I've never hard bricked a phone. I've never seen one either. But hard bricking is everyone's worst nightmare.

I wan't to know what exactly happens when you hard brick your phone. What happens that makes it irrecoverable without professional help?

To find this out, I needed to know how flashing of ROMs work. For this, I downloaded the data sheet for my phone's chipset (an MTK6589, whose datasheet can be found here) and then found out that:

  • The USB data lines D+ and D- and VCC goes directly to the application processer.
  • There is an external PMIC for application processor that handles the power ON and OFF of the handset. On this IC there are two pins(KP_KOL0 and KP_ROM0) which when are 0, triggers USB download without battery.
  • The memory (eMMC or NAND Flash) to which the files are downloaded is also connected to the Processor via a External Memory Interface (EMI).

So this is what (I think) happens when you flash a wrong ROM:

Though I don't know what results in 0V on pins KP_KOL0 and KP_ROM0, but this happens when you want to download a new ROM, and the application processor switches/starts in Download mode.

I've googled what happens when you hard brick a phone. All I get are noob posts telling how or how not to hard brick your phone. Most of the posts say that when you flash the wrong ROM, the phone may get hard bricked. My question is,

What happens when you flash a wrong ROM that makes the phone hard bricked?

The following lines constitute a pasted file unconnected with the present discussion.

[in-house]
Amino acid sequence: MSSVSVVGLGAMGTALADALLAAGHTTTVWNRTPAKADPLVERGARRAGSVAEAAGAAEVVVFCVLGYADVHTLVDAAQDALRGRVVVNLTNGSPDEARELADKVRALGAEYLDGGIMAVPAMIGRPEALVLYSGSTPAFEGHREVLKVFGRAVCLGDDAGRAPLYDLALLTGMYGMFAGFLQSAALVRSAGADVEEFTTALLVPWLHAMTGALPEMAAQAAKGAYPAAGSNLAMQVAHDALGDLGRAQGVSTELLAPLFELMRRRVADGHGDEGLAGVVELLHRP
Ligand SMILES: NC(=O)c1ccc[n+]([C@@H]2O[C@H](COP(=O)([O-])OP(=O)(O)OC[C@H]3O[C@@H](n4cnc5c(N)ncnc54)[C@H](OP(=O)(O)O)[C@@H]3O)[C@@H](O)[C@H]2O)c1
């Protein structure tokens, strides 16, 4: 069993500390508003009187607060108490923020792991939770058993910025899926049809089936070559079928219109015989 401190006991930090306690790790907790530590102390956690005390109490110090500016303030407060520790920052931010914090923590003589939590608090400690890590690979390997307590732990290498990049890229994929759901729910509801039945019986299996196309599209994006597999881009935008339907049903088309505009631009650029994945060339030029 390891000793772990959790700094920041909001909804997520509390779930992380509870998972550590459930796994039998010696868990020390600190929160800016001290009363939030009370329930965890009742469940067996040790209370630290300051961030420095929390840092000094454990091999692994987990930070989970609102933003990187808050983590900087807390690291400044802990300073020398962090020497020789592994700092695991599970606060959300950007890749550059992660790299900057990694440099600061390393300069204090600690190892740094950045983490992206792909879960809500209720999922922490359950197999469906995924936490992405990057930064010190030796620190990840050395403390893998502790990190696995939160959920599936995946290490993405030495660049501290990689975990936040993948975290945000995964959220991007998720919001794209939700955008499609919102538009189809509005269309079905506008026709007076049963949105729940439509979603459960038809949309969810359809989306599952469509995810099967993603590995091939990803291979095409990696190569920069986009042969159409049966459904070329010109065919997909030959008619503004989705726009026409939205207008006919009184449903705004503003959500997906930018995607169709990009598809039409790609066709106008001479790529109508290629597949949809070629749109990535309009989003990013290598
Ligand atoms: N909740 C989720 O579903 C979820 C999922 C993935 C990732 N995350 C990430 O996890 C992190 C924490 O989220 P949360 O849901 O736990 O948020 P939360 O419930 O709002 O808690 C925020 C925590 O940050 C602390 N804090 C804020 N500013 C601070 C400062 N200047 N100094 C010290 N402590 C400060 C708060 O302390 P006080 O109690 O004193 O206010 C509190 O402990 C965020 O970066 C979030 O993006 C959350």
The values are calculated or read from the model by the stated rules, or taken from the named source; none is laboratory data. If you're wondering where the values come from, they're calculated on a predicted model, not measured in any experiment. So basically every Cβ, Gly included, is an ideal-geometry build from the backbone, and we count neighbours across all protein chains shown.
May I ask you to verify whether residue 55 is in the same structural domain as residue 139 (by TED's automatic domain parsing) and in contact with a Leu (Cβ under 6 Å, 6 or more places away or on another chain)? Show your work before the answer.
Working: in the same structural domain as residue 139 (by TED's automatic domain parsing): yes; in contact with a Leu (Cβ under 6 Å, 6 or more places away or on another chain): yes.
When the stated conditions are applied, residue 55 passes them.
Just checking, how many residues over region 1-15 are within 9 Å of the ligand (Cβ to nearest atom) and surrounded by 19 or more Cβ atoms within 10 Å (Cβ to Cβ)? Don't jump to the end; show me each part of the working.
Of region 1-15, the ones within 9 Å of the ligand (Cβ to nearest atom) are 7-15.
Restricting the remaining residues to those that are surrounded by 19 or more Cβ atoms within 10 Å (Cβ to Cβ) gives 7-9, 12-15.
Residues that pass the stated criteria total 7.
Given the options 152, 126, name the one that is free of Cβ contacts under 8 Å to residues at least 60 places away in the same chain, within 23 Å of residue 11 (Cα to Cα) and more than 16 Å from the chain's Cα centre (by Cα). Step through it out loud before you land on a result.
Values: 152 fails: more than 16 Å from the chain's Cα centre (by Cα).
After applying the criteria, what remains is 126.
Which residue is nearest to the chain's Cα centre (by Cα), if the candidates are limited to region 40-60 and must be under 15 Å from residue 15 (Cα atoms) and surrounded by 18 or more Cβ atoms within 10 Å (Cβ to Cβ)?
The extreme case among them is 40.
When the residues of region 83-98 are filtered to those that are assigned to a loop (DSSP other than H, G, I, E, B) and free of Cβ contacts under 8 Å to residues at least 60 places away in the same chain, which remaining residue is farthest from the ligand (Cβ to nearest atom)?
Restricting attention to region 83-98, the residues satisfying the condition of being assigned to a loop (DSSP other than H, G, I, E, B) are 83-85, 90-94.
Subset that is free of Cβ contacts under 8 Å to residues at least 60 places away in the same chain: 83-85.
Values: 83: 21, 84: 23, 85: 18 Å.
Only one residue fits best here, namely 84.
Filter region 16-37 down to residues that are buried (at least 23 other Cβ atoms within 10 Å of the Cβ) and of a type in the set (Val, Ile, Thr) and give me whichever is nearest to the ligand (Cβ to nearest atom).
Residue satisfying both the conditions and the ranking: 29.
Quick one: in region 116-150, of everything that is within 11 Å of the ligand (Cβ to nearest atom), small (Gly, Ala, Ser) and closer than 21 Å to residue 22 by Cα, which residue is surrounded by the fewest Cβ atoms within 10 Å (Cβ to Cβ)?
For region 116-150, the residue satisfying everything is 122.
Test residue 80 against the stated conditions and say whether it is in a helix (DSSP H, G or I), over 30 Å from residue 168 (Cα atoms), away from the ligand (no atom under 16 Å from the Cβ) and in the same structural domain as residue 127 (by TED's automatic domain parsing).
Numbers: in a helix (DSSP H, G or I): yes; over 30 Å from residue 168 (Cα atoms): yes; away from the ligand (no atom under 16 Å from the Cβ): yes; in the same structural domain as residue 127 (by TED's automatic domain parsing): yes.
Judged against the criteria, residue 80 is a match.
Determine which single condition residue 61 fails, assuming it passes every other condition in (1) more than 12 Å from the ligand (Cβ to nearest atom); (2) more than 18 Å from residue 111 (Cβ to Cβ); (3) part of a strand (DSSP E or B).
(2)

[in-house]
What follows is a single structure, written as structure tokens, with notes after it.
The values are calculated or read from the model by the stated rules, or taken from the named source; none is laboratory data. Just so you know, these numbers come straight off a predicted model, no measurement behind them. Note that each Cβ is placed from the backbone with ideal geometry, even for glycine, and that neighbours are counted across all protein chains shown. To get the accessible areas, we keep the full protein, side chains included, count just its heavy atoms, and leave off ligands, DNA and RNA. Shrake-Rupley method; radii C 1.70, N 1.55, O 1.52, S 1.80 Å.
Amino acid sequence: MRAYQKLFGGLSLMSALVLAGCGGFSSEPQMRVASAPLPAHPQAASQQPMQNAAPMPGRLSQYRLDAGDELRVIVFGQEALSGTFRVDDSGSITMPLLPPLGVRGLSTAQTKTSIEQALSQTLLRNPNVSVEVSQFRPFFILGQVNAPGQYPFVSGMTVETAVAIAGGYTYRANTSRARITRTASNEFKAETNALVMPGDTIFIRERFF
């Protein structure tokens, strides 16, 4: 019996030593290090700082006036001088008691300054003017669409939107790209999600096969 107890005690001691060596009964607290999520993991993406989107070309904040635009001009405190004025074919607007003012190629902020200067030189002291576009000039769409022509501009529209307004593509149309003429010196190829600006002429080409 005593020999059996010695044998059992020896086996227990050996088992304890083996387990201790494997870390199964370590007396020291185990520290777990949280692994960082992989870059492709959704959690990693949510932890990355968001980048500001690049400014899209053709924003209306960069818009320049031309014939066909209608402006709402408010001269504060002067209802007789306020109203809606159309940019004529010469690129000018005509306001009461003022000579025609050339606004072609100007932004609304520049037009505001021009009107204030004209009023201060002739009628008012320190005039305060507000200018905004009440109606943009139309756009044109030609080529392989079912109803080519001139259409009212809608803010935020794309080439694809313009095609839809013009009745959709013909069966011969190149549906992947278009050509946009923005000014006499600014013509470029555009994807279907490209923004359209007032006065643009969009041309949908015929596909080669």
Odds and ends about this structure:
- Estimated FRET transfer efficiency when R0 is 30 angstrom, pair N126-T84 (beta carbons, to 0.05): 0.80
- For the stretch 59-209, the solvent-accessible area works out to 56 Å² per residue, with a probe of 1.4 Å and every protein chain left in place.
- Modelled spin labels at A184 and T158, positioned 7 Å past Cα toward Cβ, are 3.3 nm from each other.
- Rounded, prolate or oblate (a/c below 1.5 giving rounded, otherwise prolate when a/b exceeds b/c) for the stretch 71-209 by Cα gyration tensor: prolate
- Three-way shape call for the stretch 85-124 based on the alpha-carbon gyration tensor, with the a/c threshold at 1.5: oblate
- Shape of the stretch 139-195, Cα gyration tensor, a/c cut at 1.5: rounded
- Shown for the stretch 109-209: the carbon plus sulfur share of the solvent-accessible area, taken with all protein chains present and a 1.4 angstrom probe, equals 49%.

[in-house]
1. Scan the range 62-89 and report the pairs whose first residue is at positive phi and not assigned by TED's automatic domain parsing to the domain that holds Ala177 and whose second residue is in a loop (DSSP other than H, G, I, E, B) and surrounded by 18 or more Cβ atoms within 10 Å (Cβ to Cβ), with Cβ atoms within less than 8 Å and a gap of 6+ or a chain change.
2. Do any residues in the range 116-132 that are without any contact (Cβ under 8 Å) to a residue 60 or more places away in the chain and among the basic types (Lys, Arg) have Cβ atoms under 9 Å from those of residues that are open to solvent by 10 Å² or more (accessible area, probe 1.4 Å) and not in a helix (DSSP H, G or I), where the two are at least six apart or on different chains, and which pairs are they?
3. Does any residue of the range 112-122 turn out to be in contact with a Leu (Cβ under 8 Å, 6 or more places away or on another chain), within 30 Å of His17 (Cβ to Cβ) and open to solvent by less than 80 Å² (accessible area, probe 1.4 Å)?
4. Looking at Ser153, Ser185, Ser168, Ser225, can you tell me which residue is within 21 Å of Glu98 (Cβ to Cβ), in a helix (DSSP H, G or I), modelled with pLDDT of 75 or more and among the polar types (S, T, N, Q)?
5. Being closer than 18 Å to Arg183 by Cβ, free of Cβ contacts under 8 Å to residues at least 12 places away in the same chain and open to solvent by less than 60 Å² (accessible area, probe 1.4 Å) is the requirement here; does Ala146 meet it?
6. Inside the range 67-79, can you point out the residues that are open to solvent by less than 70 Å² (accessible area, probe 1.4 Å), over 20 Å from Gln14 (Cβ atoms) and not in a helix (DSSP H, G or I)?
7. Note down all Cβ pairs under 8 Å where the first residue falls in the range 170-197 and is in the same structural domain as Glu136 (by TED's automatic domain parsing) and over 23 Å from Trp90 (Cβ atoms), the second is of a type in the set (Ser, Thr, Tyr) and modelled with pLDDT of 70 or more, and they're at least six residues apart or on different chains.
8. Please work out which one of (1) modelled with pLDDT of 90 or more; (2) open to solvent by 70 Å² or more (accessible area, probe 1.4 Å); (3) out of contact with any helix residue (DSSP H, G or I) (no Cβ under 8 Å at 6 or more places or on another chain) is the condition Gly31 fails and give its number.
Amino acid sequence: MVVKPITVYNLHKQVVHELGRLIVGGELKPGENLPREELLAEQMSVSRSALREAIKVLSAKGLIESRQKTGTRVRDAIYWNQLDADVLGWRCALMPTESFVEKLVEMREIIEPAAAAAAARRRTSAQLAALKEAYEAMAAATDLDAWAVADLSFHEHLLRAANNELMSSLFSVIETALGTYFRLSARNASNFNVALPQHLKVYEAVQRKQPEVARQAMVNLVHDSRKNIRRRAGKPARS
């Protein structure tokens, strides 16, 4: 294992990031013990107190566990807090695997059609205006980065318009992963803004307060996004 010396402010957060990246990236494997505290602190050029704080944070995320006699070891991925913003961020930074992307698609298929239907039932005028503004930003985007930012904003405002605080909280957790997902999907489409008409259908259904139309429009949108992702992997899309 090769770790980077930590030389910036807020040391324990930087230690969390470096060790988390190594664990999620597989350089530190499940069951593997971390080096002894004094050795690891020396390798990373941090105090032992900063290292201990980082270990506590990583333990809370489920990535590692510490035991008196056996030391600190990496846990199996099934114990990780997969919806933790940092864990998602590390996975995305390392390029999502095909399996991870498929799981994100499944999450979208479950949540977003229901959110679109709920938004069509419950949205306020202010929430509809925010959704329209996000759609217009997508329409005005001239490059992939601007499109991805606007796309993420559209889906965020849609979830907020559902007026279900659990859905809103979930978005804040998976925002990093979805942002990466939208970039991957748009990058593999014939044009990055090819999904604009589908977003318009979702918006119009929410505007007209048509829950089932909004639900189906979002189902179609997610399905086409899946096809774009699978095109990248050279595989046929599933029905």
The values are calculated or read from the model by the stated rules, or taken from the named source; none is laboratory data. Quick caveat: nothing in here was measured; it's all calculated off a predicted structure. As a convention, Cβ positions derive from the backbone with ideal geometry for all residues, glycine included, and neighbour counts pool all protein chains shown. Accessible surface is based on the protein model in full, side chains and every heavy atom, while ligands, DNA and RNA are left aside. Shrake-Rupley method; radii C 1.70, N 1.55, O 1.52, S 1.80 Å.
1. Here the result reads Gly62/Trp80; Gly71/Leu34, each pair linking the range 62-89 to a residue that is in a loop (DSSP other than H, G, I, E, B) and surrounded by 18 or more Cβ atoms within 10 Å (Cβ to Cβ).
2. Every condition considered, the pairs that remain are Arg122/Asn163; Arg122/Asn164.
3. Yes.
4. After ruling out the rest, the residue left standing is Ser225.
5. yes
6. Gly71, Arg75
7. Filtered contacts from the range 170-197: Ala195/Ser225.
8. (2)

Or why does the processor become not responding at all when you hard brick it?

2 Answers 2


It has nothing to do with the processor, unless you've fried it.

Usually, the only software-based hard brick that is possible is when you overwrite the bootloader. Without a (working) bootloader, the phone (a) cannot get to the point where it would load the operating system and/or (b) cannot have working software loaded onto it.

If you get into this state you need to access the hardware more directly to write a new bootloader, often using JTAG.

  • Or you could just backup your bootloader and then restore it using dd Sep 11, 2015 at 18:38
  • 10
    @vishalbiswas Yeah, and how are you going to restore it with dd if the bootloader isn't working?
    – Léo Lam
    Sep 11, 2015 at 20:51
  • @vishalbiswas See Android Boot Process. (Source)
    – Firelord
    Sep 11, 2015 at 22:24
  • 2
    @vishalbiswas I think OP intended "hard brick" to mean the recovery / secondary boot loader is not intact. forums.androidcentral.com/android-4-1-4-2-4-3-jelly-bean/…
    – rakslice
    Sep 12, 2015 at 3:19
  • 1
    To expand on point (b). As there is no program loaded to communicate over a USB connection, you can never flash anything else using the resources on the phone. All "soft" methods require the phone's CPU to write to its own NAND, even when connected to a PC.
    – jiggunjer
    Nov 6, 2015 at 17:24

For it to be possible to hard brick a phone, some of the software that the phone has to run to boot and flash itself -- something from the point where it's a just-powered-on processor running address 0 to the point where the phone is writing a new image to flash -- needs to be itself in flash that the phone can write. Usually this is something like a secondary boot loader. If you erase that, then you can't reflash anymore. Hard bricked.

On a phone where you can write something new with only the aid of whatever software is in ROM that the phone can't write, whether or not it's by shorting a couple of pins and there's USB straight into the processor, you can't truly "hard brick" the phone. Unbricking would always be possible at least in theory, provided you can feed it the firmware in whatever format it needs.

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